Technical Adequacy of Procedural and Conceptual Algebra Screening Measures in High School Algebra

  • William W. DeLeeuw (Arizona State University) (Contributor)
  • Jeannette Olson (Contributor)
  • Ruveyda Karaman Dundar (Contributor)
  • Vincent R. Genareo (Contributor)
  • Anne Foegen (Contributor)
  • Barbara J. Dougherty (Contributor)

Dataset

Description

Although algebra often functions as a gatekeeper to higher-level mathematics courses and higher education admissions, few quality measures exist for assessing conceptual understanding. This study explored the technical adequacy of three procedural and two conceptual algebra screening measures. We administered three rounds of assessments throughout an algebra course to 2,021 secondary students of 31 teachers in three states. Assessments included procedural and conceptual screening measures and additional criterion measures: teacher ratings of students’ algebra proficiency, course grades, results of two project-specific algebra proficiency exams, and state test scores. Descriptive and correlation analyses were used to investigate measure scores, alternate-form and test–retest reliability, concurrent validity, and predictive validity. Procedural measure results indicated high levels of reliability (r = .72–.99), and moderate concurrent and predictive validity (r = .36–.64; .36–.58). The conceptual measures produced moderate to low levels of validity (r = .10–.44). The procedural measure results suggest they may be suitable for use as screening measures, pending further revision and diagnostic testing, while the conceptual measures did not produce acceptable results for current implementation. The findings contributed to measure redesigns to bolster their use as mathematics proficiency assessments with algebra students.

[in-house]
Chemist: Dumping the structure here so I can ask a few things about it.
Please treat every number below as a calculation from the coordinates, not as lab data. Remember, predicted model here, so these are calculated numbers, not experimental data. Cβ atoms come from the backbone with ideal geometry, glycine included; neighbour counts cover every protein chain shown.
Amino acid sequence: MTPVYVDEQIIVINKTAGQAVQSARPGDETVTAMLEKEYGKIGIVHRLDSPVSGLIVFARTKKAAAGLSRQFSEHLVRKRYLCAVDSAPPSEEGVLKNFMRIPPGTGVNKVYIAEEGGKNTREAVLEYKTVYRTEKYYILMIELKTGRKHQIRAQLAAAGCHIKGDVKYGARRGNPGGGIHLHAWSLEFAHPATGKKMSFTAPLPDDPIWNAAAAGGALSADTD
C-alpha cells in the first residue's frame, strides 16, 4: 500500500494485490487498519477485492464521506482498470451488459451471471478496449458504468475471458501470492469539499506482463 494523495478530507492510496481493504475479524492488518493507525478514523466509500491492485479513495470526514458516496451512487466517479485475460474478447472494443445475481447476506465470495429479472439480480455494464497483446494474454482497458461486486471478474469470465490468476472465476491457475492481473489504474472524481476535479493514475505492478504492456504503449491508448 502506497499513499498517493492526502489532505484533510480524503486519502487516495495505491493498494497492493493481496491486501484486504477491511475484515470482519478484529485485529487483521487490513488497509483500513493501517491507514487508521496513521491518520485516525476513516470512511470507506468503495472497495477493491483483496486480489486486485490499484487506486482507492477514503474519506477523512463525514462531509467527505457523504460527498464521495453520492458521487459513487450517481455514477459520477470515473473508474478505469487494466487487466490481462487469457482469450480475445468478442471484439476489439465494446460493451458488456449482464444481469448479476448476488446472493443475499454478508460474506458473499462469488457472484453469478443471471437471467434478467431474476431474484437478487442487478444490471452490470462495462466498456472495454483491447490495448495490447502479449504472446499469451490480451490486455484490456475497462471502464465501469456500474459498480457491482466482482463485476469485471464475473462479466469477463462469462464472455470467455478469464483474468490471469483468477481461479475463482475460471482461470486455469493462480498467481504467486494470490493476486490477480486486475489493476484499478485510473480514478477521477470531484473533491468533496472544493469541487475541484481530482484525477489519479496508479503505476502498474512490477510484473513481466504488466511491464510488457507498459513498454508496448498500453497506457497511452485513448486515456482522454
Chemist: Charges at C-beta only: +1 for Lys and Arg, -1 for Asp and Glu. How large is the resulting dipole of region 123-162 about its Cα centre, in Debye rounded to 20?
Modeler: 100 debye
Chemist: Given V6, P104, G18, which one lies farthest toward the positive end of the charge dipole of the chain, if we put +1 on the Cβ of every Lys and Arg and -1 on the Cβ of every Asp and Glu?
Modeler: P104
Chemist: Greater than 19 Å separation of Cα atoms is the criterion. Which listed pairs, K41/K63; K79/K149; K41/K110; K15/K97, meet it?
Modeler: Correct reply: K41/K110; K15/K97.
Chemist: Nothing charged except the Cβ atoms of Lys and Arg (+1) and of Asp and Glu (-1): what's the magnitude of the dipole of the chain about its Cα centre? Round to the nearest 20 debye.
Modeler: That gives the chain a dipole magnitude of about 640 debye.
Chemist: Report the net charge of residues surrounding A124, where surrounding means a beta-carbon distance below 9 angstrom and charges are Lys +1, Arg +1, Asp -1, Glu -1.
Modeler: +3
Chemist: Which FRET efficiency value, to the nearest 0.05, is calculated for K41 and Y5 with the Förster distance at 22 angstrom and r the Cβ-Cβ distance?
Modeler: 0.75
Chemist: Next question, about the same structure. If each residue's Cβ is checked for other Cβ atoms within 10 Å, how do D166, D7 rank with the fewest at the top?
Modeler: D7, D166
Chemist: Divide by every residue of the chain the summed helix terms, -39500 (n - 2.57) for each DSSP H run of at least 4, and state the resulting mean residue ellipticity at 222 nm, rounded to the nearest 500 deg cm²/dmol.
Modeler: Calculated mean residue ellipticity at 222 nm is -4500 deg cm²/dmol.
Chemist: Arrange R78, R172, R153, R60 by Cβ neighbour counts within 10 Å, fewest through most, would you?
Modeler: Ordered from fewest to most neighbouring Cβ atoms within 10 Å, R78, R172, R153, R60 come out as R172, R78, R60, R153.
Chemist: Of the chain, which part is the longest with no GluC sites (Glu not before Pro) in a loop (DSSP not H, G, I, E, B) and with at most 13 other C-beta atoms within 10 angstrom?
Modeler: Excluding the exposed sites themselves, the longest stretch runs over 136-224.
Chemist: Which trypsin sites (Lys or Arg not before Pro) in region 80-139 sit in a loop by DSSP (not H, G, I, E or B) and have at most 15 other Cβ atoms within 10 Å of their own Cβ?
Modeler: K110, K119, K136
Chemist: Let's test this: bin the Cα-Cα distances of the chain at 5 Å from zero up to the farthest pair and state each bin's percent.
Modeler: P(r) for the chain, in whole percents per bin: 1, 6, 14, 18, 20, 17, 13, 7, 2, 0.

Date made availableJan 1 2019
Publisherfigshare SAGE Publications

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